Investigation

EU proposes pesticide ban, but key documents still secret

Time is running out for chlorpyrifos, the pesticide which is a cause of brain damage to human fetuses and newly-born children. The EU Commission and the European Food Safety Authority (EFSA) have both stated approval should not be renewed.

Stakeholders' Highlights

  1. Nordic Council of MinistersBrussels welcomes Nordic culture
  2. UNESDAUNESDA appoints Nicholas Hodac as Director General
  3. UNESDASoft drinks industry co-signs Circular Plastics Alliance Declaration
  4. FEANIEngineers Europe Advisory Group: Building the engineers of the future
  5. Nordic Council of MinistersNew programme studies infectious diseases and antibiotic resistance
  6. UNESDAUNESDA reduces added sugars 11.9% between 2015-2017
  7. International Partnership for Human RightsEU-Uzbekistan Human Rights Dialogue: EU to raise key fundamental rights issues
  8. Nordic Council of MinistersNo evidence that social media are harmful to young people
  9. Nordic Council of MinistersCanada to host the joint Nordic cultural initiative 2021
  10. Vote for the EU Sutainable Energy AwardsCast your vote for your favourite EUSEW Award finalist. You choose the winner of 2019 Citizen’s Award.
  11. Nordic Council of MinistersEducation gets refugees into work
  12. Counter BalanceSign the petition to help reform the EU’s Bank

Latest News

  1. EU countries to halt arms sales to Turkey
  2. Nine Catalan separatist leaders given long jail terms
  3. Poland's right-wing ruler wins four more years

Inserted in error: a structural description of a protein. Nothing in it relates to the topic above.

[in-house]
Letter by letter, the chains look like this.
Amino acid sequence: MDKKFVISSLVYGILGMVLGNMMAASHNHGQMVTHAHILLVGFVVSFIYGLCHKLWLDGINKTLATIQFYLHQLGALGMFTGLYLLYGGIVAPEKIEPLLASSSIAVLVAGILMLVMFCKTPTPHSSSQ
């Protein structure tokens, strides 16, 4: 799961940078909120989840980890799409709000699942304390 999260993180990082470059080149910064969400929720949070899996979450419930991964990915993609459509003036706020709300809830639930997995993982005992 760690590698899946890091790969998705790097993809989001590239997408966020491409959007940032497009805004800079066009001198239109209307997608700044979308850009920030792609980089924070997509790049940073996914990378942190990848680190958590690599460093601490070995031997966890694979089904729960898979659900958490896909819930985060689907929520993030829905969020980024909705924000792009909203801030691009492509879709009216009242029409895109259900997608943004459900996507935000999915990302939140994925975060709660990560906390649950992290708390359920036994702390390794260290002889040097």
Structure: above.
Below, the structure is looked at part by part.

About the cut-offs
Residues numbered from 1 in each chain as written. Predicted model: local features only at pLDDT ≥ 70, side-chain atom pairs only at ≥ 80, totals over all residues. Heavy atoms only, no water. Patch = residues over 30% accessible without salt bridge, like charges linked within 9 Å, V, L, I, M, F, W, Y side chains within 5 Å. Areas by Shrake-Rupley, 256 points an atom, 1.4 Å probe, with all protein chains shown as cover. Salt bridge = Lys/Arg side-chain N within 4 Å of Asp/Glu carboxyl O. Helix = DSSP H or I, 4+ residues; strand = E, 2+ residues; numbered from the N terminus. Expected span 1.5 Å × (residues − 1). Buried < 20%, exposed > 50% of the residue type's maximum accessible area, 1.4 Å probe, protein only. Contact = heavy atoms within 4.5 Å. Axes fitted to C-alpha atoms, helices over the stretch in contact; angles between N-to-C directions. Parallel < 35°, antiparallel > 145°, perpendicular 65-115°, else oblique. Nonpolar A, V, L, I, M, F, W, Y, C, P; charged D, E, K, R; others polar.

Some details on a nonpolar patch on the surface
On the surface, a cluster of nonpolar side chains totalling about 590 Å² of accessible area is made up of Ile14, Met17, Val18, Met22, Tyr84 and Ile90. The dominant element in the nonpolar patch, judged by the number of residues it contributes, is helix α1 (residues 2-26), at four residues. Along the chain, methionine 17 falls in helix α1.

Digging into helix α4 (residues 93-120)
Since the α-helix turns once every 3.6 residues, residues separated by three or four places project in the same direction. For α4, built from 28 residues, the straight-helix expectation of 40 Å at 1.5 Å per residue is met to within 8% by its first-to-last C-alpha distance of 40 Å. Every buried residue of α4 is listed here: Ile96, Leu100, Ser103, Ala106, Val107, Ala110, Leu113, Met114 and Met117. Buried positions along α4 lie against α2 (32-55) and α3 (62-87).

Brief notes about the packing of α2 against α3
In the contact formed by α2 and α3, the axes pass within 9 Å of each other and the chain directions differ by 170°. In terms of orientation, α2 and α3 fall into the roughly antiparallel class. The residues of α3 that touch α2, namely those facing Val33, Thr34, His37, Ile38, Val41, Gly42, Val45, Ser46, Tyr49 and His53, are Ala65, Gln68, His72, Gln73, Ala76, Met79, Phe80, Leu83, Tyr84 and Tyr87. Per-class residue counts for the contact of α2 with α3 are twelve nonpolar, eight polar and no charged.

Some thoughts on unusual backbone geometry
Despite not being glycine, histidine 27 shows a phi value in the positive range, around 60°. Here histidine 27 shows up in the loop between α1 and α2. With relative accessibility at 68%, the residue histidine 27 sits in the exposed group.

4. EU powerless in new Syrian mayhem
  5. Hungarian opposition wins Budapest in blow to Orban
  6. New Dutch terror bill must not target aid workers
  7. EU proposes pesticide ban, but key documents still secret
  8. Brexit nail-biter and EU nominations This WEEK

Stakeholders' Highlights

  1. UNICEFChild rights organisations encourage candidates for EU elections to become Child Rights Champions
  2. UNESDAUNESDA Outlines 2019-2024 Aspirations: Sustainability, Responsibility, Competitiveness
  3. Counter BalanceRecord citizens’ input to EU bank’s consultation calls on EIB to abandon fossil fuels
  4. International Partnership for Human RightsAnnual EU-Turkmenistan Human Rights Dialogue takes place in Ashgabat
  5. Nordic Council of MinistersNew campaign: spot, capture and share Traces of North
  6. Nordic Council of MinistersLeading Nordic candidates go head-to-head in EU election debate
  7. Nordic Council of MinistersNew Secretary General: Nordic co-operation must benefit everybody
  8. Platform for Peace and JusticeMEP Kati Piri: “Our red line on Turkey has been crossed”
  9. UNICEF2018 deadliest year yet for children in Syria as war enters 9th year
  10. Nordic Council of MinistersNordic commitment to driving global gender equality
  11. International Partnership for Human RightsMeet your defender: Rasul Jafarov leading human rights defender from Azerbaijan
  12. UNICEFUNICEF Hosts MEPs in Jordan Ahead of Brussels Conference on the Future of Syria

Join EUobserver

Support quality EU news

Join us